Normal hydrogen, in water for example, does slow down neutrons, but also absorbs too many. The carbon atoms in graphite work really well, but any naturally occurring impurities, notably boron, also absorb far too many. The production of the extra-high purity graphite was impractical for the Germans during the war, although this was ultimately the method of choice for the Americans.
But heavy water was just right. All that was needed was a few tonnes of the stuff! This was potentially on hand from the hydroelectric plants in Norway where water was electrolysed to produce hydrogen gas for ammonia production. When the water is electrolysed, the residues become increasingly concentrated in deuterium. At its height, the plant produced hundreds of kilos per month. Understandably, this made the plant of supreme strategic importance during the war and the allies were constantly trying to sabotage it or destroy it. That story has been told in the 1965 Hollywood movie, The Heroes of Telemark, a real-life blockbuster action-film based around the tiny molecule that's water - but not quite.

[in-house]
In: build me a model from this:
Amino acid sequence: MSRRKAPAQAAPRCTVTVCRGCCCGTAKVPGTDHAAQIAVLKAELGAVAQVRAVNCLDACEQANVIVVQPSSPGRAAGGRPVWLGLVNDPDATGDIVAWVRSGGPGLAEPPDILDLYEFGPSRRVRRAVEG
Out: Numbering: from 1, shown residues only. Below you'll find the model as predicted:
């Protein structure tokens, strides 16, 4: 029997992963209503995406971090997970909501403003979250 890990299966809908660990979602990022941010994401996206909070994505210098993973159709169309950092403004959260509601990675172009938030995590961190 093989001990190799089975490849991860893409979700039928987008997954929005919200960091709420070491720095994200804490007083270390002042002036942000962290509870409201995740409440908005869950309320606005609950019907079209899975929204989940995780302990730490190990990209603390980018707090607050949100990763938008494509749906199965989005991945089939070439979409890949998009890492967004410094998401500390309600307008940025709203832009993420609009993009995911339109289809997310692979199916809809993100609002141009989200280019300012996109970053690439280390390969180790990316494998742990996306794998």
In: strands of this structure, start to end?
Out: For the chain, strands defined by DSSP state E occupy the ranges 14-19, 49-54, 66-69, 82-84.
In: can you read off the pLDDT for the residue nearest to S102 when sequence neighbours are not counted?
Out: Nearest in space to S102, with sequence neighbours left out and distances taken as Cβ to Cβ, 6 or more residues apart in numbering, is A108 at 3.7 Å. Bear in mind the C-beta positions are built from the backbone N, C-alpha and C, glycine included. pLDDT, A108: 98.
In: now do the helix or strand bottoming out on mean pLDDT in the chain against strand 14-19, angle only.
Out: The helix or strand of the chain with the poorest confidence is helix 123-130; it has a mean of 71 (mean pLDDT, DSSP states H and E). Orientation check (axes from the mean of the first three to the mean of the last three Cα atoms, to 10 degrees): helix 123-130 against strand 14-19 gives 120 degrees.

Not quite water but quite a vital role during the war. That was Cambridge University's Peter Wothers with the weighty, property-changing chemistry of heavy water. Now, next week: .
At the time, carbon tetrachloride was an almost universal lab cleaner. We sloshed it around with abandon, making ready use of this solvent's ability to dissolve difficult-to-remove substances like oils and fats. Now I look back in some horror: today, we know that carbon tetrachloride causes nervous system and organ damage and it may well be a carcinogen.
In the early 20th century, carbon tetrachloride found a multitude of uses. As a superlative solvent, it was an obvious product for dry cleaning. This strangely named process (it is only dry in the sense that water isn't involved) is used to clean fabrics that would be damaged by conventional washing.
And you can find out how carbon tetrachoride achieved this task, as well its many other uses throughout the last century, by joining Brian Clegg in next week's Chemistry in it's element. Until then, thank you for listening. I'm Meera Senthilingam.
No comments yet